Dorothy “Brownie” Thompson was honored by the Sitka Assembly for her volunteer work maintaining Halibut Point State Recreation Area. (Emily Kwong/KCAW photo)

Assembly hires headhunter for new municipal administrator 

Mark Gorman’s last day is June 15th.  The Prothman Company, based in Washington, will find his replacement for $20,500 plus expenses. The whole process will be facilitated, starting with a meeting in May to build a profile of Sitka’s dream candidate, advertising throughout the Pacific Northwest, and ending with a hire in August

Until that time, the Assembly will have to choose an interim administrator. Chief Financial and Administrative Officer Jay Sweeney fulfilled that role in 2013, before Gorman took his post.

At their last regular meeting on April 25th, Assembly member Tristan Guevin listed the names of city staff he thinks would qualify this go-around. “Jay Sweeney, Maegan Bosak, Bryan Bertacchi, Dave Miller – any of those folks I’d be comfortable with in an interim position. But like Bob Potrzuski said, we don’t want to add anything to their plate. They have full time jobs,” Guevin said.

The Assembly could pull from an internal list within City Hall or ask citizens to come forward for the job.

When park lost funding, Thompson came to the rescue

Dorothy “Brownie” Thompson got a certificate of appreciation for her volunteer work at Halibut Point State Recreation area. The park lost state funding in 2015. Rather than let its maintenance  lapse, Thompson organized volunteers, created a reservations system, and spent countless hours picking up litter.

Smelly trash, be gone!

The Assembly rubber stamped new fines for stinky garbage that could invite bears. Garbage cans containing potential bear attractants must now be set out after 4 a.m. and retrieved no later than 8 p.m. Mayor Matthew Hunter anticipates the police won’t seek out offenders. Rather, they’ll slap a fine on someone if their trash draws a bear into the neighborhood.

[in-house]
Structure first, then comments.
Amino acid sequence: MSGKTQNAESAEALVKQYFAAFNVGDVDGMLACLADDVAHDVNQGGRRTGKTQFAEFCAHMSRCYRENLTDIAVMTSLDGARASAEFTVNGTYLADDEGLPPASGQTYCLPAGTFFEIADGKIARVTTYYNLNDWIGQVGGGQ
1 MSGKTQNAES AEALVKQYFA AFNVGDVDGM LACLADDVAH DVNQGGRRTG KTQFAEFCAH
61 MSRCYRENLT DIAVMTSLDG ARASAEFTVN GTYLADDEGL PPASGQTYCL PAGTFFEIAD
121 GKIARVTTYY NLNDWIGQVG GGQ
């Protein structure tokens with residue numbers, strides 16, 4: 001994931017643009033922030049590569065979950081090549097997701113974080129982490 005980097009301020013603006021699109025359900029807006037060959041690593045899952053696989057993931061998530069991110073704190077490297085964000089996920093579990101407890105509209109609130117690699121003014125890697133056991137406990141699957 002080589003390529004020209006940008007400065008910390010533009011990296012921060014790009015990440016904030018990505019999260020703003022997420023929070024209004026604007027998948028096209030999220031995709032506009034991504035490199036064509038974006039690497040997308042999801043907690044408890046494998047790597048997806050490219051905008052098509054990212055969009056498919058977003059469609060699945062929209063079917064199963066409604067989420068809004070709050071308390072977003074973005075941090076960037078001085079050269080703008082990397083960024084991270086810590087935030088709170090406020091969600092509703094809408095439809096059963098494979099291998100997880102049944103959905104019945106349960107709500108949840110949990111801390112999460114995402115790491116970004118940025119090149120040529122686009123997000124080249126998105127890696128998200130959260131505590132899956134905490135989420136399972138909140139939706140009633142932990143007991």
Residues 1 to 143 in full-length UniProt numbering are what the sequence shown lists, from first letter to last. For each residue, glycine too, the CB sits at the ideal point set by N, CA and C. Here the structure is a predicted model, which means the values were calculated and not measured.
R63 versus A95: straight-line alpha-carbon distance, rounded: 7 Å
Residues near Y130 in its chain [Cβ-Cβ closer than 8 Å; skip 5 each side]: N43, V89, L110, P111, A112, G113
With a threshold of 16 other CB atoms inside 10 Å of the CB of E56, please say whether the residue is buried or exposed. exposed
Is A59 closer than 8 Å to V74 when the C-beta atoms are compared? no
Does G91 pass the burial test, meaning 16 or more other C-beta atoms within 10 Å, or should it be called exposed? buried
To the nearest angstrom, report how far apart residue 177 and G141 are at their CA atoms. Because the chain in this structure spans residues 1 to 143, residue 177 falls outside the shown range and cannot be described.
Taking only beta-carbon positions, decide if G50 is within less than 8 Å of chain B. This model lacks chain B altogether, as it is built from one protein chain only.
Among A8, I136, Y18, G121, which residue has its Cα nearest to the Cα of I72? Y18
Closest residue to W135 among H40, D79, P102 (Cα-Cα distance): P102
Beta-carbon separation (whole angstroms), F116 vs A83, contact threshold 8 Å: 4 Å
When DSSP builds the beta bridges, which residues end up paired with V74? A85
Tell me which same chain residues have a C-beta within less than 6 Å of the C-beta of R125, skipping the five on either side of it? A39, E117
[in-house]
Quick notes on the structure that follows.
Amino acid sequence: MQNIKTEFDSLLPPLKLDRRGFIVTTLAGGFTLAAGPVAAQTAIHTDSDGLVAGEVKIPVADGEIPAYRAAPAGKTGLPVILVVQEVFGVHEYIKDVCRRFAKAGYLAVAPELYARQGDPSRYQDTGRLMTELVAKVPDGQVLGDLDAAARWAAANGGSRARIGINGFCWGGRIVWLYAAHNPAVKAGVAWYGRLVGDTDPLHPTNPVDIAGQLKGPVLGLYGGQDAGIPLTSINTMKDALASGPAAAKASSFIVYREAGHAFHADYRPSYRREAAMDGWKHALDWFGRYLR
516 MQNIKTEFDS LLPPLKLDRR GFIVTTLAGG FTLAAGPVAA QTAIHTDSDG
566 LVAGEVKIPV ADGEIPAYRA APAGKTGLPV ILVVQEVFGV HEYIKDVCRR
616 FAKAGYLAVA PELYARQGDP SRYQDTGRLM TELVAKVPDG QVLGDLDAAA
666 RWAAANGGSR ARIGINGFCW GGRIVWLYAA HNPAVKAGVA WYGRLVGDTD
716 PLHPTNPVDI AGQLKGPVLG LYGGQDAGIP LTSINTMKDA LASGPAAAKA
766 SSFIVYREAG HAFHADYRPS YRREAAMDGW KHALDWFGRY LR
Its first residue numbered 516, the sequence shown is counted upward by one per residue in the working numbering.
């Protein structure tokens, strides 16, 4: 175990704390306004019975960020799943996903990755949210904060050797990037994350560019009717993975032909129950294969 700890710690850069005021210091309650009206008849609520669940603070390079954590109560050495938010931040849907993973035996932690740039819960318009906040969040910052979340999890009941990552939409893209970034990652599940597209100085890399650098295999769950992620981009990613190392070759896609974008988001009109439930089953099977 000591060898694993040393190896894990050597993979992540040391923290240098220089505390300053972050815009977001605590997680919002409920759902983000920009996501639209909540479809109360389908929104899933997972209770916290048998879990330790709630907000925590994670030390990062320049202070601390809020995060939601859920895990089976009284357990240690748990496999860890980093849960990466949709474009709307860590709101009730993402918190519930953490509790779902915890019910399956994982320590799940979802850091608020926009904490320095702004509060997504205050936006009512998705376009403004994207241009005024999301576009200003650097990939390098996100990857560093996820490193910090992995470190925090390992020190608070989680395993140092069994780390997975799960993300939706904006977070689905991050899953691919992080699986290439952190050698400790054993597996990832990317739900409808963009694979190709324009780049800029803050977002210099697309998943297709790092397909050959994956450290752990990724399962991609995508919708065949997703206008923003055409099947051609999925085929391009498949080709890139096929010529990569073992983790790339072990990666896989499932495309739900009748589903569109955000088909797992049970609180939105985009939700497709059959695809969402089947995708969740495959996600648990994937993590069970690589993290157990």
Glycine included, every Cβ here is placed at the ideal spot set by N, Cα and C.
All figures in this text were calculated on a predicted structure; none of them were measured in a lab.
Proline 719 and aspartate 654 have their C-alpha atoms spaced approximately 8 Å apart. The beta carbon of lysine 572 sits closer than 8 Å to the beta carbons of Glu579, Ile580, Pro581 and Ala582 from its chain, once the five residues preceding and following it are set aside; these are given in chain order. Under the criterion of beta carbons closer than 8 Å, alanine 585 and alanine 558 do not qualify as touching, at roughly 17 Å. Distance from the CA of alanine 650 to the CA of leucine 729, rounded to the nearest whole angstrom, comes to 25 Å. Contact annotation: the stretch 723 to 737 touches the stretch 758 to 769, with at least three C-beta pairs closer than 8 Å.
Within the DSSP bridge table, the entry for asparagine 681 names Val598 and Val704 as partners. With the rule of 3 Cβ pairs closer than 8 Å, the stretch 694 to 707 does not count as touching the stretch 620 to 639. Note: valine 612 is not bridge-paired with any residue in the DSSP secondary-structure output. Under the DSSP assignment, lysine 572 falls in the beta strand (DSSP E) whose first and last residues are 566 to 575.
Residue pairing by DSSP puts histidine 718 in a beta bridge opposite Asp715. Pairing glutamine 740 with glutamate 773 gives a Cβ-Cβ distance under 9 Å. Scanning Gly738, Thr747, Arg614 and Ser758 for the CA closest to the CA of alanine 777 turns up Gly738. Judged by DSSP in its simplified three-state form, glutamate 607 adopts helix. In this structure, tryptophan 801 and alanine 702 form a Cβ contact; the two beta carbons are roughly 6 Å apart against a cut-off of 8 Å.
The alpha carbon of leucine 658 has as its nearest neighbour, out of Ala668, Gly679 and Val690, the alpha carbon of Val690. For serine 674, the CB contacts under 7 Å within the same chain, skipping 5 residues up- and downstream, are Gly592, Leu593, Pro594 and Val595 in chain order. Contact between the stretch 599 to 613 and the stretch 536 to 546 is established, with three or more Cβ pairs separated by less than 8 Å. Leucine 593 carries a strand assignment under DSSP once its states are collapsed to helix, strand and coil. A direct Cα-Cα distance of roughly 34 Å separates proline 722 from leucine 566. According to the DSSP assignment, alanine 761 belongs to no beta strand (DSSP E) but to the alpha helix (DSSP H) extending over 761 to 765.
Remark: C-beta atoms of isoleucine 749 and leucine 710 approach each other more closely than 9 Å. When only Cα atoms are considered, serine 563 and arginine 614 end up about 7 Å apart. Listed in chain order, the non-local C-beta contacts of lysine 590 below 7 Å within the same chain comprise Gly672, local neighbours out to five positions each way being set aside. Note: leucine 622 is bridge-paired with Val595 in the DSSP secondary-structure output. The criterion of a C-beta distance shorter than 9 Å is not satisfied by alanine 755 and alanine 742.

The ordinance (Ord 2017-10) lowers the penalty for a first time offender to $50. For a second offense, it’s $100 and for a third offense, $200. Beyond that, the offender must appear in court.

As Sitka prepares for tourists, Assembly talks transport 

Halibut Point Marine wants to create a hop-on-hop-off shuttle service down Lincoln Street, that would stop at Harrigan Centennial Hall and Sitka National Historical Park. The Sitka Assembly liked the idea. But rather than go with Halibut Point Marine outright, they want to issue an RFP seeking a shuttle provider next year. Sitka Tribe of Alaska and a few merchants have expressed interest.

The Assembly also diverted $50,000 of the Commercial Passenger Excise Tax to completing the inside of the Sitka History Museum. The museum will not be charging an entrance fee, which was a question last meeting of Assembly member Steven Eisenbeisz.

Management changes afoot, for funds and figureheads

The Assembly also employed Alaska Permanent Capital Management to manage the city’s reserve operating funds, which total approximately $53 million. They’re the the firm took over management of the city’s permanent fund last year. Pleased with their performance, the Investment Committee decided to offer them a contract that paid 0.1% of the assets under management – an annual fee of $53,000. Sweeney told the Assembly that by hiring a professional, the city can manage those funds more responsibly. See the memo he wrote here: Motion and Memo investment contract

The group also reassigned liaison roles. Taking over for Assembly member Steven Eisenbeisz, Deputy Mayor Bob Potrzuski will start attending meetings of the Gary Paxton Industrial Park Board, while Assembly member Aaron Bean will liaise with the Southeast Economic Development Association.